Those Jehovah’s Witnesses who claim to be of the 144,000 refer to themselves by many titles: the remnant, the faithful and discreet slave, and the anointed to name a few. I say that they refer to themselves by these titles because the governing body of Jehovah’s Witnesses who claim to be the spokesman for the 144,000 teaches that it is the remnant of the 144,000 in their role as the faithful and discreet slave who are responsible for the teachings put forth in the pages of The Watchtower and other publication of the Watchtower Bible and Tract Society. So when Watchtower publications speak of the faithful and discreet slave or the remnant or the anointed, the writers are referring to themselves.
I generally avoid using terms such as mind control cult when talking about Jehovah’s Witnesses, but every so often the writers of the Watchtower publish something that makes it hard not to.
In their sixth and final point, the writers of the Awake! article tell us, “6. When the laity are Biblically uniformed, they can be easily be misled by clerics. Indeed, history contains may examples of such abuses.”
In the third and fourth points that were presented, the writers of the Awake! article bring up the subject of finances and the clergy.
The third in a series of articles commenting on an article from the August 2009 issue of the Awake! magazine that raises 6 points where they say that the churches have deviated from the Bible and where harm has been the result.
As we examine what the Jehovah’s Witness’ leadership have to say about the clergy of the Christian churches, we need to look at whether or not they have their own clergy.
The August 2009 edition of the “Awake!” magazine contains an article entitled “Should There Be a Clergy-Laity Distinction?” This article is rife with inaccuracies and generalizations. I will attempt to cover these in a series of posts. In this first post, we will look how Jehovah’s Witnesses view the clergy of Christendom.
Has the Watchtower Society ever lied to its readers?
Living just south of Kennebunk Maine as I do, I often heard the story of how a mob, irrate over Jehovah’s Witnesses’ refusal to salute the flag, attacked and burned the Kingdom Hall there on June 9, 1940. As is the case with so many things, there is more to the story.
Amsterdam News (New York)
June 29, 1963
Jehovah’s Witnesses condone the separation of their Negro and white members in the South, merely out of compliance with Southern segregation law. “But compliance with that law doesn’t mean that we believe that the races were meant by God to be separated or that we believe that Negroes are inferior to whites.” Ulysses Glass, an official of the sect, told The Amsterdam News this week while acknowledging the veracity of charges of segregation.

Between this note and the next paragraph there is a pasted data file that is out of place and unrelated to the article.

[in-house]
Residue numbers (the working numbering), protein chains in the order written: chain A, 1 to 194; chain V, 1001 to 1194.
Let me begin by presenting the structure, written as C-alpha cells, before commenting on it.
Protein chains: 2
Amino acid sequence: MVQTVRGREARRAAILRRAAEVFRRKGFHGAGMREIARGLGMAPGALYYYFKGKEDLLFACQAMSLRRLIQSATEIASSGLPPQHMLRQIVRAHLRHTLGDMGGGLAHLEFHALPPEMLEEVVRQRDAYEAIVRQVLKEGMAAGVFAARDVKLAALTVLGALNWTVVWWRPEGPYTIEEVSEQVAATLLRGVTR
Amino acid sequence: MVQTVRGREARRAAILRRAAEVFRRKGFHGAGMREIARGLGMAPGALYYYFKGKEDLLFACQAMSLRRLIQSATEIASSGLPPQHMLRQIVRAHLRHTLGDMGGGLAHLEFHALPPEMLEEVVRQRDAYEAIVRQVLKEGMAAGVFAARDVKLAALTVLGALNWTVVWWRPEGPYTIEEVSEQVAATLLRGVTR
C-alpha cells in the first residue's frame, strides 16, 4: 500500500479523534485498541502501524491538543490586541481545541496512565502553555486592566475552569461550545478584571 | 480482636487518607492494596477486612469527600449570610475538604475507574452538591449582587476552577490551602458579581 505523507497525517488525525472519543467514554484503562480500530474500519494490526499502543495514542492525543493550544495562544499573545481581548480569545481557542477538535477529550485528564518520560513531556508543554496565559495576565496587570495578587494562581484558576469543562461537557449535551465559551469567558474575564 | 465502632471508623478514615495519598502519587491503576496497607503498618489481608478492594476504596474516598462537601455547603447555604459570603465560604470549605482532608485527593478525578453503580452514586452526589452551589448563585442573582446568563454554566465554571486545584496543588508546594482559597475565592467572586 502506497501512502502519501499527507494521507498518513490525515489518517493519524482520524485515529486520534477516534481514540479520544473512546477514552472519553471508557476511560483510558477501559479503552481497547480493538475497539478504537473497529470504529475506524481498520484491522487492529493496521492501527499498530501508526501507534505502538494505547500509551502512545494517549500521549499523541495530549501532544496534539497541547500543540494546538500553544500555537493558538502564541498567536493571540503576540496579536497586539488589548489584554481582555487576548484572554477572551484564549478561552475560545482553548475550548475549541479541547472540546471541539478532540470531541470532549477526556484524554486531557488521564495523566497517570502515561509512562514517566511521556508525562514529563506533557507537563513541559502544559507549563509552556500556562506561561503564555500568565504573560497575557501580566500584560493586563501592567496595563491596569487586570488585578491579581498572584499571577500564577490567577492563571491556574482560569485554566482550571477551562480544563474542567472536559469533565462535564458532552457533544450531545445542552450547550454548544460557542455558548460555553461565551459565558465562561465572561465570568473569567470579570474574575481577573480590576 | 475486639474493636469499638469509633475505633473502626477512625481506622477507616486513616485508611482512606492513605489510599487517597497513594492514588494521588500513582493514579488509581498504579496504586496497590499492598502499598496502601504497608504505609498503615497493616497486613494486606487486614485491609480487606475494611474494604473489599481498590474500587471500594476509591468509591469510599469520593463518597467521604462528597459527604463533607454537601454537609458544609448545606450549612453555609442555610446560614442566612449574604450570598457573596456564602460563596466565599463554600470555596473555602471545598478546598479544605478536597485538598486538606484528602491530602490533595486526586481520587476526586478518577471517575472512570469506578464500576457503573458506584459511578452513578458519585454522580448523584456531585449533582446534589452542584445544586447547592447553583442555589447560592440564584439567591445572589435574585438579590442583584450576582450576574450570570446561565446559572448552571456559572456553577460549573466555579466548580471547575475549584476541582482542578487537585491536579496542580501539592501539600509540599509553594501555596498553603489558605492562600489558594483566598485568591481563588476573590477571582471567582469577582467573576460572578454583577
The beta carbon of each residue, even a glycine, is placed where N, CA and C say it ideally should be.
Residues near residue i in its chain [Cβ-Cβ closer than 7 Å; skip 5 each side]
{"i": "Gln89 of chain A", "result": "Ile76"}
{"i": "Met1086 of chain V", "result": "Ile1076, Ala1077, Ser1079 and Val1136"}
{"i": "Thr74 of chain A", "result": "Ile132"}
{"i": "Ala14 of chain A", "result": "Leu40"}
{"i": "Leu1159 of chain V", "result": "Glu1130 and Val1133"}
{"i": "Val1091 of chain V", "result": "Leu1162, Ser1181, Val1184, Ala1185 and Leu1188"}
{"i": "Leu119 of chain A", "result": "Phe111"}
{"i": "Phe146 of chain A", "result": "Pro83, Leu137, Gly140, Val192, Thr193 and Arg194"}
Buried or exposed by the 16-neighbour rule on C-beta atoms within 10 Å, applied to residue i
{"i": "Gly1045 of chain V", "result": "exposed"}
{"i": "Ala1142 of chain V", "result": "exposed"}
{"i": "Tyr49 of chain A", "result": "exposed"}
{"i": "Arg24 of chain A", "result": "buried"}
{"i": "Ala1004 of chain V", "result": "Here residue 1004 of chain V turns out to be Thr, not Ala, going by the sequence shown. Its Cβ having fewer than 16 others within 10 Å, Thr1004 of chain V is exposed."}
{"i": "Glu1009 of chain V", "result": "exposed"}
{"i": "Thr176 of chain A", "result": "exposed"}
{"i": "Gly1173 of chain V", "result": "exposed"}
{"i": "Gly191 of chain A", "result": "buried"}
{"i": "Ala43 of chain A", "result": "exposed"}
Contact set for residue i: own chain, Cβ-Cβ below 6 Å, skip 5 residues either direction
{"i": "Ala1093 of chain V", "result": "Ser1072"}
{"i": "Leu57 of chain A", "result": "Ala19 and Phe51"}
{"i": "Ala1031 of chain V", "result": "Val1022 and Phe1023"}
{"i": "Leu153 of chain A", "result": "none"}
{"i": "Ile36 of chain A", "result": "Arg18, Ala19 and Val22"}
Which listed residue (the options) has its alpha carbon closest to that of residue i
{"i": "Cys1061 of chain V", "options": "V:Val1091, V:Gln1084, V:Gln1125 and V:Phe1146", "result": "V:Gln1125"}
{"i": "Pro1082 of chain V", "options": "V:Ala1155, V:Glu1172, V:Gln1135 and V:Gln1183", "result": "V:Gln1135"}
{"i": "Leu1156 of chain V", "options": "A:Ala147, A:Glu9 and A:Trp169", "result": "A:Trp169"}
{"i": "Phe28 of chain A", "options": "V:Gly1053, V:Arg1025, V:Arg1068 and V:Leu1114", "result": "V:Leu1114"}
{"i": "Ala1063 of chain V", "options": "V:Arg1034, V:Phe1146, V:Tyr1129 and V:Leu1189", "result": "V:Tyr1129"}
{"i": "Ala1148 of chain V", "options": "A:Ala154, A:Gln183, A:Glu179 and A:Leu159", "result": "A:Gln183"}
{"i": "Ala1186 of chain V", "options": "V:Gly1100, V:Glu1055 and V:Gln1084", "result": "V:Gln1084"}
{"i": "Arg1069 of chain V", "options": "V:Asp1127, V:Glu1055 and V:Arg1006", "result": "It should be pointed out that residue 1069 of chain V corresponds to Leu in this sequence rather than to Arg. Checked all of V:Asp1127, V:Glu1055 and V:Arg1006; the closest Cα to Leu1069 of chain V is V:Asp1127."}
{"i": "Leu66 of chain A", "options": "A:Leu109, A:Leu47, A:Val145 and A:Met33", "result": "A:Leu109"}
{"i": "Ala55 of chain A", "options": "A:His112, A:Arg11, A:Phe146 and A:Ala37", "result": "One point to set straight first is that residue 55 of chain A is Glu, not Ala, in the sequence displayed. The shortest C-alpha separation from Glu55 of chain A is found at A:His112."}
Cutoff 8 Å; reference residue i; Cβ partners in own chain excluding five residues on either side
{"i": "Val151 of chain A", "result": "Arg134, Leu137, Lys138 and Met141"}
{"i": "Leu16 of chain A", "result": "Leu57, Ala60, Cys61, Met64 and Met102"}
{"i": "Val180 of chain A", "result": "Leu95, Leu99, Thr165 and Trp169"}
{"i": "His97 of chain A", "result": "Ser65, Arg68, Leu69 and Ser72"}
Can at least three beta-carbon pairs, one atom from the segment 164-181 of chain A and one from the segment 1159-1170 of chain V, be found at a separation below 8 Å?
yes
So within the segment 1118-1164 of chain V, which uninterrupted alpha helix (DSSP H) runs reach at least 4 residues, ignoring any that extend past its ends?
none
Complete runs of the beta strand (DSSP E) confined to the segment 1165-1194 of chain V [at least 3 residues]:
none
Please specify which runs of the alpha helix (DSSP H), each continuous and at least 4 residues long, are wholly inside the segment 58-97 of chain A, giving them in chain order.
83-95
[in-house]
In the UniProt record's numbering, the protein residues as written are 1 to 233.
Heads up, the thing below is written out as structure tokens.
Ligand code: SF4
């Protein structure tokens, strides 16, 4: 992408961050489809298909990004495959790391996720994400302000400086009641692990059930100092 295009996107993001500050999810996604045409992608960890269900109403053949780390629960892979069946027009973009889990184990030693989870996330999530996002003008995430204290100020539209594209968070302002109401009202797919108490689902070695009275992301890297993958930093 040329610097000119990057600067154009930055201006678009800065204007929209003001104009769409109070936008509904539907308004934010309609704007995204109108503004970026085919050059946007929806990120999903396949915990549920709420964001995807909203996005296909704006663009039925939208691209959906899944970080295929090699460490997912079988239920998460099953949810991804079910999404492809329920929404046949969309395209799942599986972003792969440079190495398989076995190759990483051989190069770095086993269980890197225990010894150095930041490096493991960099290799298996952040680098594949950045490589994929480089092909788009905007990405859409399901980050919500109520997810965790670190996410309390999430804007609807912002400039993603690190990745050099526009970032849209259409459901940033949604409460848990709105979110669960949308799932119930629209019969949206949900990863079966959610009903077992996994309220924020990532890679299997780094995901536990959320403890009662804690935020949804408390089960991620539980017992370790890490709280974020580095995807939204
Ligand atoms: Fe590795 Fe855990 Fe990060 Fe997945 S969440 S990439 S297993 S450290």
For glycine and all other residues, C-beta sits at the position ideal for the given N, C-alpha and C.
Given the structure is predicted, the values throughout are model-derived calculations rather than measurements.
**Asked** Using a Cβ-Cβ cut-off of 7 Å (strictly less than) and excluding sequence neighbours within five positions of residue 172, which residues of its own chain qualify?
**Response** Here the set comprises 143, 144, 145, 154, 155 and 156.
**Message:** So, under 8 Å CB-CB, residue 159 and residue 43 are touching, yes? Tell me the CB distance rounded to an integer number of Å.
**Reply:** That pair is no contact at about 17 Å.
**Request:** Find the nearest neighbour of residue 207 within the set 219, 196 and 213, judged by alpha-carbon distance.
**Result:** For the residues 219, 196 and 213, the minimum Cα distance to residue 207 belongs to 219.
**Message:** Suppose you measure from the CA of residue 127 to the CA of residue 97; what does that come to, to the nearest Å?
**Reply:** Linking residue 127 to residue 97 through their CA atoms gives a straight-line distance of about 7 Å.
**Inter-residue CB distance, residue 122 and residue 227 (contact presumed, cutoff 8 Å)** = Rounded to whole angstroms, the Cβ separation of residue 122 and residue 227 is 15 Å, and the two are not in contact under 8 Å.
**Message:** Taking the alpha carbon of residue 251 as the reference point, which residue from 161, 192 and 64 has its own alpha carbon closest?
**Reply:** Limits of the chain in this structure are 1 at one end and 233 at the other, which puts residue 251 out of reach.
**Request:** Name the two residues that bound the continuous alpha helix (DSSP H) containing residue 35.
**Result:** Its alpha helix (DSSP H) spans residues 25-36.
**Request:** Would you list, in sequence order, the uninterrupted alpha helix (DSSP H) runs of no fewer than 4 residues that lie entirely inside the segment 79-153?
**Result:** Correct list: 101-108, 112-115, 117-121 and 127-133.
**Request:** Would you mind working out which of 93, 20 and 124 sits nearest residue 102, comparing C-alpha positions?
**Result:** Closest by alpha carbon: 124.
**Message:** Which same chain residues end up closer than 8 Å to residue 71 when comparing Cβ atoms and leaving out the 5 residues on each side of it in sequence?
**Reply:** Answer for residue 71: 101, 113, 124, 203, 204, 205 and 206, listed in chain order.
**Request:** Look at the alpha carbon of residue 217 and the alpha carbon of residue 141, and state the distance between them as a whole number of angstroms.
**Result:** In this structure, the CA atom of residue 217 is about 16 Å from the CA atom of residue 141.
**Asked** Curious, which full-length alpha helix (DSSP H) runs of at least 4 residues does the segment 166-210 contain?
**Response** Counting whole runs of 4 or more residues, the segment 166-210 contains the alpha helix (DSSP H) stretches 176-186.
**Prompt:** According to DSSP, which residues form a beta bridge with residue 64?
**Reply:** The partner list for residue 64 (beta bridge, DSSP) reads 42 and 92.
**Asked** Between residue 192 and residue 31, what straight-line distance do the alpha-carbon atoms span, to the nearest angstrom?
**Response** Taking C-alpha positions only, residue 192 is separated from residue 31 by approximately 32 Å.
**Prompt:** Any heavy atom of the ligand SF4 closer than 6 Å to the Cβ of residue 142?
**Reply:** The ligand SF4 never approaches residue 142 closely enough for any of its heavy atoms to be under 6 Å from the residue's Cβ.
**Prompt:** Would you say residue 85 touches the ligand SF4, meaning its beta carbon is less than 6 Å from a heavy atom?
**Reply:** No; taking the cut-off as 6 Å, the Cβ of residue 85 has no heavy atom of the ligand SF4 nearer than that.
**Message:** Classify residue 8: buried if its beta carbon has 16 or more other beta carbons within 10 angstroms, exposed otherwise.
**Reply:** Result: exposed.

“The law doesn’t interfere with our mission of teaching God’s word. He doesn’t require that everybody must be together in order to teach his word,” continued Glass, adding that those are the reasons why Witnesses have not taken any position against the Southern law or advocate violation of it.
On the other hand, Witnesses refuse to serve in the nation’s fighting forces and salute the American flag, the first of which is mandatory of every healthy American of draft age.
They reconcile compliance with the Southern segregation law with their failure to serve in the armed forces and salute the American flag on the grounds that military service compels them to slay their fellow men while saluting of the flag abridges their religious freedom, Glass explained.
“We believe in Jesus’ teaching: ‘Give unto Caesar those things which are Caesars and to God those things which also are his,” said Glass.
“That is why we comply with Southern law and will not recognize segregation when the law is changed.” he added.
“We don’t recognize government by man, only government by God,” Glass continued.
That is also the reason why the Witnesses have not taken any position on the civil rights struggle, as also charged, said Glass.
“Throughout the remainder of the country,” Witnesses are all treated alike,” Glass stated. “Witnesses are also district supervisors (one of the high leadership positions) and are integrated here in our staff at headquarters (77 Sands St., Brooklyn).”
The charges of segregation were made by Jackie Williams, a young woman of 1296 Dean St., Brooklyn, who said she had asked clarification in a recent letter to the Watchtower Bible and Trace Sciety [sic].
Miss Williams said she never received a reply.